Navy divers swap the depths of the sea for frontline Afghanistan

Why should Angela Rayner be derided for her Stockportian accent? Picture: Lorne Campbell / Guzelian

BLAISE TAPP: We need more Angela Rayners at the top of British politics

Four brave navy divers have swapped the ocean depths for the Afghan desert as they try to save soldiers' lives on the frontline.

The bomb disposal experts – all based at Horsea Island in Portsmouth – will deal with hidden explosives meant to injure or kill British troops.

Petty Officer Jai Gardner, Leading Seaman Ian Higgins as well as Able Seamen Chris Collins and Les Cockerton are part of the first navy team to ever serve in bomb disposal in Afghanistan.

They have been sent out to work with army teams to deal with a rise in the number of bombs planted by the Taliban.

Between April and October this year, 24 soldiers were killed and 137 wounded in the Sangin district of Helmand alone.

Explosives were responsible for more than 90 per cent of those casualties.

Meanwhile more than 400 bombs have been found – almost three times more than in 2008.

Peter Greenwood, in charge of Portsmouth's Fleet Diving Squadron, said: 'This is a major new role for the Clearance Diving Branch.

'Although we have operated from Basra in Iraq for the past two years, Helmand is a completely different environment. It's more intensive and there is a higher level of threat.

'They have to be as good on the ground as soldiers – competent with personal weapons and how to operate as war fighters on a patrol.

'And they also have to keep cool heads to deal with ordnance that the squad encounters.'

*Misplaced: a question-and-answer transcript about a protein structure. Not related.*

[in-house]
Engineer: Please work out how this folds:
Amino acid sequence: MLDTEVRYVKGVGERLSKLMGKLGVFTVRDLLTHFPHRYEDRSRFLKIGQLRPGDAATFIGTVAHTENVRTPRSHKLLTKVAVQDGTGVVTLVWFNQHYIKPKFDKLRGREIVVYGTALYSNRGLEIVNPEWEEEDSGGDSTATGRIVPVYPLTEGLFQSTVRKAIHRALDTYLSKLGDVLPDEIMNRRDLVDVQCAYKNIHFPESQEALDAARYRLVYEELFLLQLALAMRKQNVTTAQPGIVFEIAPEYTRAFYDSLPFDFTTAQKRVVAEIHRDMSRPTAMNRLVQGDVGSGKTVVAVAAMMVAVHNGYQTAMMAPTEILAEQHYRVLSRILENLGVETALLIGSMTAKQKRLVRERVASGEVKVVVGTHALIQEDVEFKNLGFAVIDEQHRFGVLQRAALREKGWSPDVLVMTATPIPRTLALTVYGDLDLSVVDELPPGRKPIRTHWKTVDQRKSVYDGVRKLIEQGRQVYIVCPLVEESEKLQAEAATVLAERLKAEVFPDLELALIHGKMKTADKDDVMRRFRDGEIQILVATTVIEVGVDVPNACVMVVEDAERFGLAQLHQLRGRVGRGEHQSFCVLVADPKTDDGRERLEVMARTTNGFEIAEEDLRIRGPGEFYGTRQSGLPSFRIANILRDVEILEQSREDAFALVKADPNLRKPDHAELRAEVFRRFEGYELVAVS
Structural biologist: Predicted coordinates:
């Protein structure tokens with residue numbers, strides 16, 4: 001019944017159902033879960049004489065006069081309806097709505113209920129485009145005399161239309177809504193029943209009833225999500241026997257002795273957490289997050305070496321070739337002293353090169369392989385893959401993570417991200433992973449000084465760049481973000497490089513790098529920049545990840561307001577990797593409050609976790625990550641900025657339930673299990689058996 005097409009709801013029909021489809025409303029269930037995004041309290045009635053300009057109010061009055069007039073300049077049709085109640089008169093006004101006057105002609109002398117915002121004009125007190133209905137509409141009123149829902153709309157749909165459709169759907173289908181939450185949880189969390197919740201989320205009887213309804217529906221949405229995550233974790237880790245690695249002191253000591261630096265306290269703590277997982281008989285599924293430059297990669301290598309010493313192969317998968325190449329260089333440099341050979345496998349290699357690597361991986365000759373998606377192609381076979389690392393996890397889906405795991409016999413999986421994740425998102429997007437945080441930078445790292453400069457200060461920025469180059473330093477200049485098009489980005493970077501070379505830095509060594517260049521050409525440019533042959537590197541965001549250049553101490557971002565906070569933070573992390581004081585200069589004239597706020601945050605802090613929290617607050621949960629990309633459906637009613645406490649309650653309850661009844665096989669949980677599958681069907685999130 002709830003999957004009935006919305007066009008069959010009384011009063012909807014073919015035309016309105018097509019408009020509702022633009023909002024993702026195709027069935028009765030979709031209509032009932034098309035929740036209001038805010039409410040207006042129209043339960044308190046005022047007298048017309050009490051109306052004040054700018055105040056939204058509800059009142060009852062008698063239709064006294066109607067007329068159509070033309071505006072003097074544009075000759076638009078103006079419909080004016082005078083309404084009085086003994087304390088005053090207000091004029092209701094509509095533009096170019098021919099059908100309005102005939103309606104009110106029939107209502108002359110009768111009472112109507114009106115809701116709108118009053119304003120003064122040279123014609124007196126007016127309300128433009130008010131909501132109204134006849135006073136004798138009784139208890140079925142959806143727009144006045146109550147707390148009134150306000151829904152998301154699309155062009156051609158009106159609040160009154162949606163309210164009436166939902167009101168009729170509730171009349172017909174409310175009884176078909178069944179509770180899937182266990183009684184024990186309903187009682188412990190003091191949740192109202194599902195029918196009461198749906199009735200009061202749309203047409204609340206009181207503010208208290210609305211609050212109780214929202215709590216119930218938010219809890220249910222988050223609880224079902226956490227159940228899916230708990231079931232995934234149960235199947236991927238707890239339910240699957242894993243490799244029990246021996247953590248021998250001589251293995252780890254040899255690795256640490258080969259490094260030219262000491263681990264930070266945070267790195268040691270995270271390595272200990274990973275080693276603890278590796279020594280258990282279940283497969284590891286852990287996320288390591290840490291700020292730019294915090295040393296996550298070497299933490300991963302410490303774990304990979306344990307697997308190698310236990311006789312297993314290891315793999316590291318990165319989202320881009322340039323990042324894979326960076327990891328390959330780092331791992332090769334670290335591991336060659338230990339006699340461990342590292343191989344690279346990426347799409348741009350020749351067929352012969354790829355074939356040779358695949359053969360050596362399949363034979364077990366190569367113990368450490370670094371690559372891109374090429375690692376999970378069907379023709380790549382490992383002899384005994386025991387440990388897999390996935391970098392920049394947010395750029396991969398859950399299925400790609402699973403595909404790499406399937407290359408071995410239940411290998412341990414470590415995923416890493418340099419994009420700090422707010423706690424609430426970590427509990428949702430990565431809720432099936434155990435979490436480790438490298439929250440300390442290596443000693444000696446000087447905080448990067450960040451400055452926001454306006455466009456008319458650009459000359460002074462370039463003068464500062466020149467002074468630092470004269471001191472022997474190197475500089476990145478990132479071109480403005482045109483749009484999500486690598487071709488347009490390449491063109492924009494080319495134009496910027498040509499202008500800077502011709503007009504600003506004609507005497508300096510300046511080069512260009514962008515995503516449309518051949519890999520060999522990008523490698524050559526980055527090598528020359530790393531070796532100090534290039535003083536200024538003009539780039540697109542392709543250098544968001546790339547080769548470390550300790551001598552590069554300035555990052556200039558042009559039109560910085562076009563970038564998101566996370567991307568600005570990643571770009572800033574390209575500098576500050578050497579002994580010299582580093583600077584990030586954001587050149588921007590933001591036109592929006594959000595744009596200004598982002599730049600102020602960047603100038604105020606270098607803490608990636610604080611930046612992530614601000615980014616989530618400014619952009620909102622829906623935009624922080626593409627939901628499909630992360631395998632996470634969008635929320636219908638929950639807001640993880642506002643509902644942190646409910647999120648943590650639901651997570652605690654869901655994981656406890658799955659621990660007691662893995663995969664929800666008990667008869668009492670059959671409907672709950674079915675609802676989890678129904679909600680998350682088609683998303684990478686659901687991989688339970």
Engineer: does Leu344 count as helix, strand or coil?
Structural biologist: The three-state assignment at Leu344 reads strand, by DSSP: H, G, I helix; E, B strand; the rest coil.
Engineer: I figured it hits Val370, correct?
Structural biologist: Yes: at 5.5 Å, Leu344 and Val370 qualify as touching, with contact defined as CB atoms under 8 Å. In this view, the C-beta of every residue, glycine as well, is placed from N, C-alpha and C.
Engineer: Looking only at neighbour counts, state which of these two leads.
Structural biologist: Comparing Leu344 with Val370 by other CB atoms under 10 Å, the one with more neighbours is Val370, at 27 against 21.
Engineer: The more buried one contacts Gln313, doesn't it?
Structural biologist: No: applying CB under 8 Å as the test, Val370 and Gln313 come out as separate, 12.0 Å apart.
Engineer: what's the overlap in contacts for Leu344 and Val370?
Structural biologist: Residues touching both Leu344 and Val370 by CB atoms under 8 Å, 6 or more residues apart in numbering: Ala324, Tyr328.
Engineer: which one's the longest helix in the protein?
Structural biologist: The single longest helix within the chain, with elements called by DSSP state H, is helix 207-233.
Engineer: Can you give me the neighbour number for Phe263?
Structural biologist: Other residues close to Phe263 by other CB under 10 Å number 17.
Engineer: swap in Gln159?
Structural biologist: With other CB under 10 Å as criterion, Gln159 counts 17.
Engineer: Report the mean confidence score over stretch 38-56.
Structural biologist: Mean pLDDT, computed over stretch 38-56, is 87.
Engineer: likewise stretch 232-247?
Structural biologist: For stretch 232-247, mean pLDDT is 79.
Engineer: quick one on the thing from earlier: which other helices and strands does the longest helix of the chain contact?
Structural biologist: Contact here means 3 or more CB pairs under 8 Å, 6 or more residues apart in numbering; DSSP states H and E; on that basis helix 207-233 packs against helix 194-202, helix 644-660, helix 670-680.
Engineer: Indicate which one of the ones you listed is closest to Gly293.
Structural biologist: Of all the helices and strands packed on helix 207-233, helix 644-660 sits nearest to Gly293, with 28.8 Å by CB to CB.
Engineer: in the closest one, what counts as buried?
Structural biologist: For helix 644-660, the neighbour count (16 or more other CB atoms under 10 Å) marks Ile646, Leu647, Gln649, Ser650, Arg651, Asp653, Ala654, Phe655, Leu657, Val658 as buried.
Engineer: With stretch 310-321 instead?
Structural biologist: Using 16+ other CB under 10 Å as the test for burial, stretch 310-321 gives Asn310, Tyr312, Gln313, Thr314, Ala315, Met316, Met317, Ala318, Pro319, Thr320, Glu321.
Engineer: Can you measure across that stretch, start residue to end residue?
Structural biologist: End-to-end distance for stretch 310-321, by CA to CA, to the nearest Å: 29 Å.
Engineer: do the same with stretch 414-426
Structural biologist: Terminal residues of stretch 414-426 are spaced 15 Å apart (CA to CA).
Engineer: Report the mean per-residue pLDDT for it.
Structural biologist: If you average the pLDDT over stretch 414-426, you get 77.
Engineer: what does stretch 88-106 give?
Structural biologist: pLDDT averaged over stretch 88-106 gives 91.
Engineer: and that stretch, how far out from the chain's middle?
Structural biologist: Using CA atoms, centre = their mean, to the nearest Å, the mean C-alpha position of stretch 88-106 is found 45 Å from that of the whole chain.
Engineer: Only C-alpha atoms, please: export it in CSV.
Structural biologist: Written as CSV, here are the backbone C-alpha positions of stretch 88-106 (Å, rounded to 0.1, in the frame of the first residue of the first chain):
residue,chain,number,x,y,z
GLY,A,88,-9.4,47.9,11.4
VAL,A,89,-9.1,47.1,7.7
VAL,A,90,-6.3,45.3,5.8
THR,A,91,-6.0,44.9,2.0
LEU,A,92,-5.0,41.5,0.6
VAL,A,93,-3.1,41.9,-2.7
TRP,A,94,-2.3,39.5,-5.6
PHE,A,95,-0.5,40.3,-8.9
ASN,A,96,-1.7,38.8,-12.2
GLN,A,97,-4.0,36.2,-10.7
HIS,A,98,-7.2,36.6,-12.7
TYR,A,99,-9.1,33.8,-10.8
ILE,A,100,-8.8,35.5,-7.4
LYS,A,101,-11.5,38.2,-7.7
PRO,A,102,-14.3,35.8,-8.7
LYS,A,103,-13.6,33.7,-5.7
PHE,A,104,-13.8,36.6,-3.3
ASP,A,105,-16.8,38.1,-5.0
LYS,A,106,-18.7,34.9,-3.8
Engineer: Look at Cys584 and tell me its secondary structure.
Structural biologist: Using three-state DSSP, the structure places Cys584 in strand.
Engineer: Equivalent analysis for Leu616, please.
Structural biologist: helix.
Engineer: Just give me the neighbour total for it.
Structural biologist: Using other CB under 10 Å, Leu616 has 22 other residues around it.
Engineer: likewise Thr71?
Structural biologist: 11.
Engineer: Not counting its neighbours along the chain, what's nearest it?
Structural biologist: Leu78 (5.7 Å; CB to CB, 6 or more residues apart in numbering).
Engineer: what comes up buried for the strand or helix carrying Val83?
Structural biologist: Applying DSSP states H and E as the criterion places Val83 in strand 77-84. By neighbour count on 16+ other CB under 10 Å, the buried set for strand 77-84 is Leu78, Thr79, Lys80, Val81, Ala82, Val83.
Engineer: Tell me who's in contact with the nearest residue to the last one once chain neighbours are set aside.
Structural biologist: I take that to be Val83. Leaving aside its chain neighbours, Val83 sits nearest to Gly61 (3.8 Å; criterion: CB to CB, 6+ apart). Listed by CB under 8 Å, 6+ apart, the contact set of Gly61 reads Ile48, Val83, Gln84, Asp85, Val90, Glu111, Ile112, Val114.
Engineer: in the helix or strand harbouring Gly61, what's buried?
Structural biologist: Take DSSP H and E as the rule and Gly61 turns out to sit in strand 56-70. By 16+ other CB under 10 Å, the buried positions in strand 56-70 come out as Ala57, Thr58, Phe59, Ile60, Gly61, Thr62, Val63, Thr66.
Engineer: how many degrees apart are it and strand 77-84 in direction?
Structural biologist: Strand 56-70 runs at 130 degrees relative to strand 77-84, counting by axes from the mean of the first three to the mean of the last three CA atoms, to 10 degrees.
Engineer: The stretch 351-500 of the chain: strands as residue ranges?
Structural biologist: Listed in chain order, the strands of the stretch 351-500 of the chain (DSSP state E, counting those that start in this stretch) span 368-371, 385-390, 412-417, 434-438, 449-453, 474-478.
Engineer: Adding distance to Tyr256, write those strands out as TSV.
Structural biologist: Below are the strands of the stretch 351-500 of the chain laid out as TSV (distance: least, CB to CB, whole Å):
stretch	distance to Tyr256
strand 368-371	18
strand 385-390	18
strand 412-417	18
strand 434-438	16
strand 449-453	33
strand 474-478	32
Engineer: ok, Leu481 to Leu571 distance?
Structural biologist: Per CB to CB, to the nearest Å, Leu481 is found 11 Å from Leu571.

The navy divers will be based in so-called 'forward bases' on the frontline.

The deadly threats they have to tackle include bombs, mortars and grenades, used by both coalition and Taliban forces. But they will also be ready to deal with the notorious Improvised Explosive Devices – IEDs – if the army is not available.

By finding and removing the IEDs, the team hopes to reduce the severe injuries that blight servicemen's lives.

While their first role will always be to make bombs safe, the navy team will also try and find out more about the weapons the Taliban use.

PO Gardner said: 'If we come across something really new we will call for the army experts and stand back to allow them to maximise the forensics. There is no value in us just going in and trying to blow everything up.'

'I'VE GOT NOTHING BUT PRAISE... HE'S A REAL HERO'

A wife of one of the navy divers working in Afghanistan has called her husband 'a real hero'.

Sue Cockerton said Les had a wicked sense of humour and was keeping spirits up during a tough mission.

The 40-year-old mother-of-three said she was speaking with AB Cockerton, 30, as often as possible.

She said: 'I have nothing but praise for Les and all of the team, they are a group of heroes to me.

'They are doing an incredibly brave job and my only hope is that they all come back safely.'

The Cockertons married in April in Portsmouth Naval Base, a month earlier than planned because of the deployment.

After their honeymoon in Los Angeles he went to train for the bomb disposal work, before leaving Portsmouth at the beginning of this month.

Mrs Cockerton, from Locks Heath, said: 'Since he has been in Helmand we have spoken on the phone and he has asked me to keep positive.

'We have special messages we pass to each other, and I do my best to let him know as much as possible about normal, everyday life.

'We have an 18-month-old son and he is always really keen to find out how he's doing.

'It's very hard not to talk about your fears, but you know the best way to help someone you love is to be strong for them.'

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